Thanks for the great question!
What stands out to me is the premise on which the question is built. It seems to me that the inference is did Christ really suffered humanly and physically enough to warrant it a great sacrifice, especially in the light of His future resurrection, and in comparison to the punishment of humankind.
First of all, I do not want to make light of His sufferings. In the garden of Gethsemane, He was greatly troubled (Lk. 22:39-45) while He spent His time in prayer to the Father (the right attitude in that situation). Prior to that, He was troubled a number of times while having the last supper with His disciples, while He also chose to serve them and wash their feet (a compelling attitude when you are under pressure). I’m reading a book by Martin Hengel called Crucifixion that has been very helpful for me to better understand how dirty, humiliating and awful that cross really was. It was a literal curse word even centuries after Christ. But the most important factor may not have been the pain of the sacrifice.
The heart of the Christian message, which Paul described as the ‘word of the cross’ (λόγος το ￼ σταυρο ￼), ran counter not only to Roman political thinking, but to the whole ethos of religion in ancient times and in particular to the ideas of God held by educated people. 
Jesus acted in contrary to the expectation of a god. To the people of that time, God would not come down, yield His power, serve man, and then die for them. The humiliation in God becoming man is a powerful statement in the beginning of Christ’s sufferings, not just the incident of the cross. Instead of considering just the incident of the cross, His coming, living, and dying are all a part of His suffering and example to humankind:
John 15:12-13 NASB
 "This is My commandment, that you love one another, just as I have loved you.  Greater love has no one than this, that one lay down his life for his friends.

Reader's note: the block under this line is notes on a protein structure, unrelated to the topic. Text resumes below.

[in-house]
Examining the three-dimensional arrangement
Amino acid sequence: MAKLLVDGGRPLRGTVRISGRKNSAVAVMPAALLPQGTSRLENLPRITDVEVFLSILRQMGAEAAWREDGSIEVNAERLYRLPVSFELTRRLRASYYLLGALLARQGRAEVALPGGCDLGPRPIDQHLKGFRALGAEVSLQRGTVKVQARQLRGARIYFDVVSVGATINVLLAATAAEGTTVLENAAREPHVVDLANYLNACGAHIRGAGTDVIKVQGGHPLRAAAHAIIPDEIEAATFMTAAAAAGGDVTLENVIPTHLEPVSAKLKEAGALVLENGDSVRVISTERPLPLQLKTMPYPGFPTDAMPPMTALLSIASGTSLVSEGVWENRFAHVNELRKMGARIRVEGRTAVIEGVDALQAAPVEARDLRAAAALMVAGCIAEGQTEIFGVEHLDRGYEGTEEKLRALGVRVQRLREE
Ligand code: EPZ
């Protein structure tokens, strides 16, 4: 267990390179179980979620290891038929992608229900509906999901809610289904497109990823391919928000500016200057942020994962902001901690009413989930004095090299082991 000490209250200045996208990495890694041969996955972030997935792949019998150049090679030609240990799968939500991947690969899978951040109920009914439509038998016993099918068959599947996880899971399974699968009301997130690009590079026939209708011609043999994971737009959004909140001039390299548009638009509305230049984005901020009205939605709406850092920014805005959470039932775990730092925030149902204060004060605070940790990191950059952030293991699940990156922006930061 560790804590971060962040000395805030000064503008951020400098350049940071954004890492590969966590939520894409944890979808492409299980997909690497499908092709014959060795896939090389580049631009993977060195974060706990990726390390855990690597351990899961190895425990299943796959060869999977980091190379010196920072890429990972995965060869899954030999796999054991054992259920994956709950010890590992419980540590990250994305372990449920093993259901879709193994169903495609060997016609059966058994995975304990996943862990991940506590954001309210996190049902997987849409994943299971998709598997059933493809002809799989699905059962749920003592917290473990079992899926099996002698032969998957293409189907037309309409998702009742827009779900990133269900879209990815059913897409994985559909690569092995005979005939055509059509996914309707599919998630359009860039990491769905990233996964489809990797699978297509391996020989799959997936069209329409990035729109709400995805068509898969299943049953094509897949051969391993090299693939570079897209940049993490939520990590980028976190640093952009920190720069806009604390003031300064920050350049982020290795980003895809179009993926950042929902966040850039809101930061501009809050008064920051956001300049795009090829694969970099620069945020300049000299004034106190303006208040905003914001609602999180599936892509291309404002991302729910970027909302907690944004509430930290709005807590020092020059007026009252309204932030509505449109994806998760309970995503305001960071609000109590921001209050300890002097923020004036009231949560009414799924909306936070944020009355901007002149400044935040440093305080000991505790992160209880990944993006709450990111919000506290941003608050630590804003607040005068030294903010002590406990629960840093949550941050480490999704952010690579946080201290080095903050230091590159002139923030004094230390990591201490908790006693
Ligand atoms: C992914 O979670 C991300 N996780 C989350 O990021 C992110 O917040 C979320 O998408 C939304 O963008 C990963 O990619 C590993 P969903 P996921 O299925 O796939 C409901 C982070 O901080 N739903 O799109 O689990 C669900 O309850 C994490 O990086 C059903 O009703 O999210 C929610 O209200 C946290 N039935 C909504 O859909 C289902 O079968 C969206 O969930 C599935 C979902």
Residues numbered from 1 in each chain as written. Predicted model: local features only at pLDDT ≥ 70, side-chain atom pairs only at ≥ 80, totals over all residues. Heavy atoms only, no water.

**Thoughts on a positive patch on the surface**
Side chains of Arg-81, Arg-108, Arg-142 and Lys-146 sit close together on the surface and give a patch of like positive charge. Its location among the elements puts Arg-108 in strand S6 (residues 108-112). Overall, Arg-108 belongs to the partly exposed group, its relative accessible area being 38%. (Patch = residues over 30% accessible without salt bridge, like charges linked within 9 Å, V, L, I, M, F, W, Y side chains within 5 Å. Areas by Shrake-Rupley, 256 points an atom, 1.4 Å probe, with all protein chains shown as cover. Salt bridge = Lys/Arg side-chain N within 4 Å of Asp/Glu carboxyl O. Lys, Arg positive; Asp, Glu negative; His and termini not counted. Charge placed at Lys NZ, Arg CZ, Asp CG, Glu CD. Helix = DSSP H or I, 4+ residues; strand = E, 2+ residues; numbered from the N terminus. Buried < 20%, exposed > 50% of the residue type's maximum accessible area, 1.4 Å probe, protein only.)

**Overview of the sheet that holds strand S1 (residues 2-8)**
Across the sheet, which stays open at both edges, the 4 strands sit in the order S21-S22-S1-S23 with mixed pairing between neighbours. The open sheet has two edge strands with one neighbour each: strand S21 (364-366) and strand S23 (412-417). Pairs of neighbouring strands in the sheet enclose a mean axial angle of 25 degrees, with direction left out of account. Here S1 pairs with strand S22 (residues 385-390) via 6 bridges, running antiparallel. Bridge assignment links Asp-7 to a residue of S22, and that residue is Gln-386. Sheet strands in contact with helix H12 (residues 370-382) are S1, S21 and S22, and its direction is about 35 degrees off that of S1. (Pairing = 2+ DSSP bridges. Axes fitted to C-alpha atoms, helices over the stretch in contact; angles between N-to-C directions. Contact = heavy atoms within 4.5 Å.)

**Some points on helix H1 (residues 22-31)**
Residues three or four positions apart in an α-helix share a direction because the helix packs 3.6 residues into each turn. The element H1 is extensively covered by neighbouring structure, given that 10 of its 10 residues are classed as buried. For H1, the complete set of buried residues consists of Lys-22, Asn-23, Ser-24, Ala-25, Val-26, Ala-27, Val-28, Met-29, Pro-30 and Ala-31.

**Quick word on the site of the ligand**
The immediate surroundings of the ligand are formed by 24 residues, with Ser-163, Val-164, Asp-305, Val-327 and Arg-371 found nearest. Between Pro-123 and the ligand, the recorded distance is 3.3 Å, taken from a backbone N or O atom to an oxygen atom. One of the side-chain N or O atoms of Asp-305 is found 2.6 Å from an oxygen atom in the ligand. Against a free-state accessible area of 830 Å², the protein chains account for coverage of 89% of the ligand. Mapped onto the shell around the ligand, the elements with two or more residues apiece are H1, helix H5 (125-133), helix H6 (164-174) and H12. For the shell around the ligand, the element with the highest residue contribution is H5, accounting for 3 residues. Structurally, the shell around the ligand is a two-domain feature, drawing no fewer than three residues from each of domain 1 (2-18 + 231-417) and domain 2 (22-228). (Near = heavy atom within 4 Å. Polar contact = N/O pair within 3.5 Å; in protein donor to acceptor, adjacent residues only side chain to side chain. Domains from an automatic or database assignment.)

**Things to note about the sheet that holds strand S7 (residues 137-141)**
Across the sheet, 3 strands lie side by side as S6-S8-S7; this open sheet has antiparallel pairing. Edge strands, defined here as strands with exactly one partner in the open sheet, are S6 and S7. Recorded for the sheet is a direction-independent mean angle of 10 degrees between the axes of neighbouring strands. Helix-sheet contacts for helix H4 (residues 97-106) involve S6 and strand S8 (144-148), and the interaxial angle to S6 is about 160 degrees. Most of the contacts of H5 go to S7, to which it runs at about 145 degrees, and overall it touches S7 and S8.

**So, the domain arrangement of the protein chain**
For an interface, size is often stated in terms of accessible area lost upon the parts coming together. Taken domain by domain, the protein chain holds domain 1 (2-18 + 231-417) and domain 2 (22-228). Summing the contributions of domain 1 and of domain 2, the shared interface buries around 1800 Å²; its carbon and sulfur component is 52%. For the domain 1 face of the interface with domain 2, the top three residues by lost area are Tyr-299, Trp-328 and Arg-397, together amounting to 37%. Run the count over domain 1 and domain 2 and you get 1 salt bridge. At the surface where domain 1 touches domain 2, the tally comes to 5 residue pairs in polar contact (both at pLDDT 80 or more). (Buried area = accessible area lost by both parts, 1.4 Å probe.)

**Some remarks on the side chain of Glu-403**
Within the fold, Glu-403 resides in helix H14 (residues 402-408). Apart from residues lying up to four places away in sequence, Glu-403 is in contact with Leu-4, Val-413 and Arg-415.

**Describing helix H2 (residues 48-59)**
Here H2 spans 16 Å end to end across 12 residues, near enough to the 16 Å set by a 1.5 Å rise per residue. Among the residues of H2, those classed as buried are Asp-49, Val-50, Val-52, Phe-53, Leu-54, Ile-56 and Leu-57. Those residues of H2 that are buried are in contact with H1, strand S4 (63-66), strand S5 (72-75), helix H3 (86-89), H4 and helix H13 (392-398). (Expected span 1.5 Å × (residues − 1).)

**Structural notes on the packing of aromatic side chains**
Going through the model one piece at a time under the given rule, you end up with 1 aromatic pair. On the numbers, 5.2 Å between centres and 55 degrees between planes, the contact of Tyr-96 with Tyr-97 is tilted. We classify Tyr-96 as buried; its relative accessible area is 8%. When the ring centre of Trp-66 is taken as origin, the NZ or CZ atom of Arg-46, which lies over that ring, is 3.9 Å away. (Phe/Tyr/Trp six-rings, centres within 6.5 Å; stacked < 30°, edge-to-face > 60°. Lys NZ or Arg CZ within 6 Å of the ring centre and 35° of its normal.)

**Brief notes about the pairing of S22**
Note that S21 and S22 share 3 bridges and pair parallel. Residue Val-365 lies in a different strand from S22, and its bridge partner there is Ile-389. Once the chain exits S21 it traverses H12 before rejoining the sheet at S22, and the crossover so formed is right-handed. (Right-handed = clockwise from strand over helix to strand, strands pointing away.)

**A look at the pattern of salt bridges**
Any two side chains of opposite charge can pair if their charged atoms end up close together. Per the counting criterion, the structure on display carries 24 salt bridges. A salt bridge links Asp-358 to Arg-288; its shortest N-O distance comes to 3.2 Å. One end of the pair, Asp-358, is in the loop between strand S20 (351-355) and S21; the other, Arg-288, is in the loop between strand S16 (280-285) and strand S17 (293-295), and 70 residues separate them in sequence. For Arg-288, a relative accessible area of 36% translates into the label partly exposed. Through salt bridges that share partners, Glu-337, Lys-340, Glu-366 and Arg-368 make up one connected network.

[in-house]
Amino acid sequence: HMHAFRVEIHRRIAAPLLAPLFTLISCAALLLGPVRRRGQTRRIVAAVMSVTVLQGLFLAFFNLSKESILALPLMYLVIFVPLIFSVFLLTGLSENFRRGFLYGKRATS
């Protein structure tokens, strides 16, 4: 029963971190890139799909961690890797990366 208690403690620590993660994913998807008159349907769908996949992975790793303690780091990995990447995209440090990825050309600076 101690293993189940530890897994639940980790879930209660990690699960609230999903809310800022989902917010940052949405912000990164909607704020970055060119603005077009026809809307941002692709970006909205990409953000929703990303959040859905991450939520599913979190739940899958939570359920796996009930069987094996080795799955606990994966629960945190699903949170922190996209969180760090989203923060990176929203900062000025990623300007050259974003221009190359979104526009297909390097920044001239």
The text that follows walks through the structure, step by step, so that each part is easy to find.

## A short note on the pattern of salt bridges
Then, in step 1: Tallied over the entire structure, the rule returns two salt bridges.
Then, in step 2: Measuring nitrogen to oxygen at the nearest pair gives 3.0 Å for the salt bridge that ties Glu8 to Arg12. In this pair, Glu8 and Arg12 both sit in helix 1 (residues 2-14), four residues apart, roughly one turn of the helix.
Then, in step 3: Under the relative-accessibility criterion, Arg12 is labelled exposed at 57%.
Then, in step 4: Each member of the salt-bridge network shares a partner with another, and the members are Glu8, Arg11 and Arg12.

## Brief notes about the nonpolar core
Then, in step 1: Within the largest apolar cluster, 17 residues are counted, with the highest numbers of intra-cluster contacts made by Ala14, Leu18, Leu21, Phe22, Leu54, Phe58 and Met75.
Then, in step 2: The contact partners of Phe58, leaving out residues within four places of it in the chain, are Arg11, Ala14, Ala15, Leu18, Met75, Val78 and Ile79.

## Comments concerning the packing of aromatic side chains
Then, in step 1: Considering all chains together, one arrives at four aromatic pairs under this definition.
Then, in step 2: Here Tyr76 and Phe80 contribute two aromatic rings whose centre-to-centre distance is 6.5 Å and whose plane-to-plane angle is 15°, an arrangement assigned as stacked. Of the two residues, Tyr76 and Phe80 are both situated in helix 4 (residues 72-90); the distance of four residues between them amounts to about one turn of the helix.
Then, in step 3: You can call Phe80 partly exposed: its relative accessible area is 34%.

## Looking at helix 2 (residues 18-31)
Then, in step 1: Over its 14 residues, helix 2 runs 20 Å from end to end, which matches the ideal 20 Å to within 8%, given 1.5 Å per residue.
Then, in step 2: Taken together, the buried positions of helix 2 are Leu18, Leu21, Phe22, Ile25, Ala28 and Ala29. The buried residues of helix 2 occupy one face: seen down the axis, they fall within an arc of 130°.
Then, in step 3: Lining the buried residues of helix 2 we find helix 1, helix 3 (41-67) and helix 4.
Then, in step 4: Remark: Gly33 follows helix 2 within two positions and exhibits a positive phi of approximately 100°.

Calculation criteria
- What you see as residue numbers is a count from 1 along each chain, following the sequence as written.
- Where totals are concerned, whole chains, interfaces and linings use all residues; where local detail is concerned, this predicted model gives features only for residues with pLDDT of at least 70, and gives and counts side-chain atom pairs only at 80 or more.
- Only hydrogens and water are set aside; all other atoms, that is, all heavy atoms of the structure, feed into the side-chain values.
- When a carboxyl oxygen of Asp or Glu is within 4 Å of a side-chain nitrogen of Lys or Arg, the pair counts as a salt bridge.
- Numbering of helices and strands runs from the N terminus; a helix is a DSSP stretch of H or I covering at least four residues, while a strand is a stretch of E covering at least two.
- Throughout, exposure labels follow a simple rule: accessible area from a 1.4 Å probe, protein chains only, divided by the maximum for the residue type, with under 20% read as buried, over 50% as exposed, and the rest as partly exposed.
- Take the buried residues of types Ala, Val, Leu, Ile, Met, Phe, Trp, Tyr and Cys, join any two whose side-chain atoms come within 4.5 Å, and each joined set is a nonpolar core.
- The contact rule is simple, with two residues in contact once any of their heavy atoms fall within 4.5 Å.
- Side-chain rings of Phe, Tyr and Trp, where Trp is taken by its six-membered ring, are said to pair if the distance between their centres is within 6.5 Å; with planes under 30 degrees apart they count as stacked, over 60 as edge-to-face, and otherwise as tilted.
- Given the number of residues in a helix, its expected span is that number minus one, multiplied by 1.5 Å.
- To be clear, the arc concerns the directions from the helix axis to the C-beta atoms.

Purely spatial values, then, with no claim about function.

Beyond just an example, we can now dive into how a Jesus, God-and-man, perfect and without sin, stepped into humankind’s place as the final sacrifice for sin, coming down and experiencing separation from the Father was all to bring us back closer to God. Something He never needed to experience, but willingly did on our account. And then ultimately His resurrection speaks to the power of God to do likewise for us all.
If we look at the physical happenings of Christ, we risk ignoring the bigger, supernatural happenings of a God who was willing to lay it all down (Philip. 2:6-7). Of course, it may be hard to have a logical discussion with your colleague as the cross is simply foolishness to people (1 Cor. 1:18). But I pray that if God is drawing him to Himself, I pray his heart opens to allow the seeds you are planting to begin to take root.
Thank you for your willingness to serve as a testimony to Christ’s faithfulness. I hope any of this is helpful, or spurs more conversation.
 Martin Hengel, Crucifixion, in the Ancient World and the Folly of the Message of the Cross (Philadelphia: Fortress Press, 1977), 150.